By Rukiya Makuma
Analysts argue that an across-the-board pay rise is impossible to the large number of Uganda’s teachers
What is a 15 percent pay increase against 24 percent inflation? To which category of teachers? How is it going to be administered? Is it realistic?” asked Teopista Birungi Mayanja, general secretary of the Uganda National Teacher’s Union (UNATU)?
She was responding to reports in the media that government would only increase teachers’ salaries to 15 percent, as opposed to the 100 percent the union was demanding.
Under the leadership of UNATU, over 80,000 teachers lay down their tools in July 2011 to force government to increase their salaries in line with inflation levels.
It was not until the Prime Minister Amama Mbabazi announced that the government had committed to a 30% salary increment that the strike did recede.
However, while appearing before the sector budget framework committee for the next financial year, the Education and Sports State Minister Kamanda Bataringaya told MPs that government was short of money and would only realise the increment in a phased manner.
The Prime Minister instead seemed to joke while appearing before the Legal and Parliamentary Affairs Committee on May 17, when he said that he was willing to take a 50 percent pay cut for the sake of teachers and other public servants like medical and judicial workers who are seeking pay increases.
By suggesting that MPs do the same, the PM gave proof that government did not have a viable solution to the teachers’ grievances. How many teachers would benefit from it, and for how long?
Birungi says UNATU still maintains there demand for the lowest paid teachers earn Shs 500, 000, and other teacher categories be given a proportionate increment.
According to the Education and Sports Sector Half-Year Budget Performance Committee report, salaries for teachers, like other public servants were recently increased by between 6% and 15 %, and the net take home for the lowest paid teacher will increase from Shs 267,300 to Shs 301,381. However, this falls short of the 30% increment that had been promised.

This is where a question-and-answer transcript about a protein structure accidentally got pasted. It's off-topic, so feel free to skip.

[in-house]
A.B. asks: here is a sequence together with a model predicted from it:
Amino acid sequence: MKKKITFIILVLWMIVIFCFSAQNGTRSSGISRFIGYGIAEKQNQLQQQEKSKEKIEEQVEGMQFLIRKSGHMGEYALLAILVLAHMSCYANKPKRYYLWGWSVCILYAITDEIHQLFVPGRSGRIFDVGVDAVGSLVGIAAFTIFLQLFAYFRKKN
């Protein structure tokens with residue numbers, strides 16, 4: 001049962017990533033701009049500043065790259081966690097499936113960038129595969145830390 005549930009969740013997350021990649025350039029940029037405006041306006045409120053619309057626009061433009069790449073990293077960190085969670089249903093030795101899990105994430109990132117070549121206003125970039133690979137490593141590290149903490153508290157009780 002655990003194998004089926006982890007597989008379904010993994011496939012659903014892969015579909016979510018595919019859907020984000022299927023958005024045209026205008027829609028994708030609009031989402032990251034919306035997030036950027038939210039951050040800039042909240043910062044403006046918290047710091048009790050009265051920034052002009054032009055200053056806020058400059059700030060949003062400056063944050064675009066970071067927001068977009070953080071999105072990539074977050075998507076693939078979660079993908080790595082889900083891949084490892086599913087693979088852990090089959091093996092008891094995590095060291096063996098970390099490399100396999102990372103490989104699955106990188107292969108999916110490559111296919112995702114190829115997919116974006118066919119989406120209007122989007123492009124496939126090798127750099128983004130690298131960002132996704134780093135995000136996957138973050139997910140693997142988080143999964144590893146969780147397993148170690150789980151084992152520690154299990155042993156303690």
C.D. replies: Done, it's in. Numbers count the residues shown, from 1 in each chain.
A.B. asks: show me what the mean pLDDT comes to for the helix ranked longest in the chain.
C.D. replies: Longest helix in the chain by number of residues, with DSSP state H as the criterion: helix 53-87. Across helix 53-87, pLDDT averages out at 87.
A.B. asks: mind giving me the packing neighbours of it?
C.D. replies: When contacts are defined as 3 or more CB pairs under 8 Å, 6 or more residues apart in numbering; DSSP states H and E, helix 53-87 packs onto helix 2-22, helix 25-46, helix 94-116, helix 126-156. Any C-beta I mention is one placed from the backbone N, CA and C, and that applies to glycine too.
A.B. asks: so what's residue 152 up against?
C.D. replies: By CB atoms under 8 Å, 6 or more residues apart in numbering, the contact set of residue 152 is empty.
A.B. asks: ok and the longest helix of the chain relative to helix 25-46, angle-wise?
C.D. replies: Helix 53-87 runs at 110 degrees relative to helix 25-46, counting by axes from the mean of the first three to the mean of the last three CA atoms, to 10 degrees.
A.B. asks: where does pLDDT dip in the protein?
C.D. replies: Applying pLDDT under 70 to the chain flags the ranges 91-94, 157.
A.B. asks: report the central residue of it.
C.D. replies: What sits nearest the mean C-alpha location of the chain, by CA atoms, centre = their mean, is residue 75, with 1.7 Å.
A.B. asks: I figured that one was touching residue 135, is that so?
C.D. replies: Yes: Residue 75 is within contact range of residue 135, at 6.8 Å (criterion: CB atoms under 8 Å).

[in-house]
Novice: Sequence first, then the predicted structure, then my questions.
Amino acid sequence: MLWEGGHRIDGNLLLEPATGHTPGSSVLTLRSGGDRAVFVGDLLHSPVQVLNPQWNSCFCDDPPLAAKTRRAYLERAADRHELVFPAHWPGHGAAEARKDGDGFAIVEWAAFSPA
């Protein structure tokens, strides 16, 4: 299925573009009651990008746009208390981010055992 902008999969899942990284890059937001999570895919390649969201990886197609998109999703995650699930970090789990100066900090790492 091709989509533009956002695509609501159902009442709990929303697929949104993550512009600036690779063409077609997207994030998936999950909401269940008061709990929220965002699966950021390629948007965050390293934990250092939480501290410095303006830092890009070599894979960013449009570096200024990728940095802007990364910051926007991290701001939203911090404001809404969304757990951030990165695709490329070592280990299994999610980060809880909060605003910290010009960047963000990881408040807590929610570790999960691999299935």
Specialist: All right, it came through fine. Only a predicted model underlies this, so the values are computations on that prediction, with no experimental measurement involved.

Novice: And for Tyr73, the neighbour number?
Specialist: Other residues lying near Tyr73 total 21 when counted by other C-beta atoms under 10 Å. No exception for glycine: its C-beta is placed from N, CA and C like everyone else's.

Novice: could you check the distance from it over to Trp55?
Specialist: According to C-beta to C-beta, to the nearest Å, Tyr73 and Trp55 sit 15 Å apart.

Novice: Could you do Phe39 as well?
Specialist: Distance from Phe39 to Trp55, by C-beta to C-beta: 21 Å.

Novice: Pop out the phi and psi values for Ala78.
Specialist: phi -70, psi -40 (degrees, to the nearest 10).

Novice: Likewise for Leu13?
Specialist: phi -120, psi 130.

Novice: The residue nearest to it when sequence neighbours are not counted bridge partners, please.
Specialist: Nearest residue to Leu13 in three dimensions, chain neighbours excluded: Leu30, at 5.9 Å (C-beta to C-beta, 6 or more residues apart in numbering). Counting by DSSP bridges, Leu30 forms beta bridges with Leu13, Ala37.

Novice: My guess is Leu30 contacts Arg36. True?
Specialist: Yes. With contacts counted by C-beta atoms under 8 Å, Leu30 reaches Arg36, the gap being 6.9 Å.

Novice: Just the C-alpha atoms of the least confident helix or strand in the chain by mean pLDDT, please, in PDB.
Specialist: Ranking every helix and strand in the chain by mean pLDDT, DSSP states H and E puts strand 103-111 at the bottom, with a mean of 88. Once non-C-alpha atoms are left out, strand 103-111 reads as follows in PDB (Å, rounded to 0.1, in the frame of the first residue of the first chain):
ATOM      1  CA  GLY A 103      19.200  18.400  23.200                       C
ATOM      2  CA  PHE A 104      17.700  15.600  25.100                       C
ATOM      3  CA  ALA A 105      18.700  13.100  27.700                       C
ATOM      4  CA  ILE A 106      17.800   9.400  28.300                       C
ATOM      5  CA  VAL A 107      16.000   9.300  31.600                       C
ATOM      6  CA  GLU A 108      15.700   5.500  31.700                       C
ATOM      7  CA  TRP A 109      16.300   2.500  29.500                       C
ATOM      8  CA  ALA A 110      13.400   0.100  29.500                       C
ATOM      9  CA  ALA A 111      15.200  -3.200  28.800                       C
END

Akello Judith Franca, the Woman Representative for Agago District, says the Social Services Committee disagreed, and recommended a 30% salary increment in the FY 2012/13, as earlier promised
Unfortunately, this calls for an additional Shs 200 billion to cover the large teacher population, money the government says is unavailable.
Uganda has 129,651 primary teachers and 22,909 secondary teachers on government payroll. An entry-level primary teacher earns Shs 267, 300 and a secondary teacher with a diploma earns Shs 350, 000 while his graduate counterpart gets Shs 450, 000.
At the flat rate of Shs 600,000 for primary school teachers, government would need Shs 777 billion and more every month on their salaries alone, an amount higher than the entire wage bill of the Ministry of Education and Sports.
The report of Parliament’s Sessional Committee on Social Services on the Sector Budget Framework papers for Fiscal years 2012/13-2016/17 shows that in 2011/12, the education sector received Shs 1.6 trillion of which Shs 761 billion was wages.
However despite the projected increment of the education sector budget by 10 percent to Shs 1.7 trillion and an increment to 49.6 percent in the wage bill to Shs 881bn, achieving the teachers’ salary demands is still impossible.
But Birungi insists that unless government fulfils their demand, UNATU will mobilise all citizens for action.
A UNATU official said planning meetings were already ongoing, led by religious leaders, to create strategies on what options to take if government fails to act and how mobilisation messages can better reach the masses.
But poor pay for teachers is not only a Ugandan but a regional problem. Teachers are some of the worst paid civil servants in East Africa and strike action seems to be the only measure that gets their salaries increased. In Kenya government raised teacher’s salaries after the Kenya National Union of Teachers led an 11-day strike. The new salary for the lowest paid teacher will rise from KShs 10,185 (UShs 295,365) in July to KShs 13,750 (UShs 398,750) in July 2011. That of the highest paid teacher will go up from KShs 44,990 (UShs 1,304,710) to KShs 120,270 (UShs 3,487,780) in the same period. In Tanzania, a secondary school teacher with a first degree gets a gross salary of TShs 325,700 (UShs 478,779), while a primary school teacher gets TShs 196,500 (UShs 288,855). However, the Tanzanian union is pushing for a gross salary of TShs 500, 000 (UShs 735,000).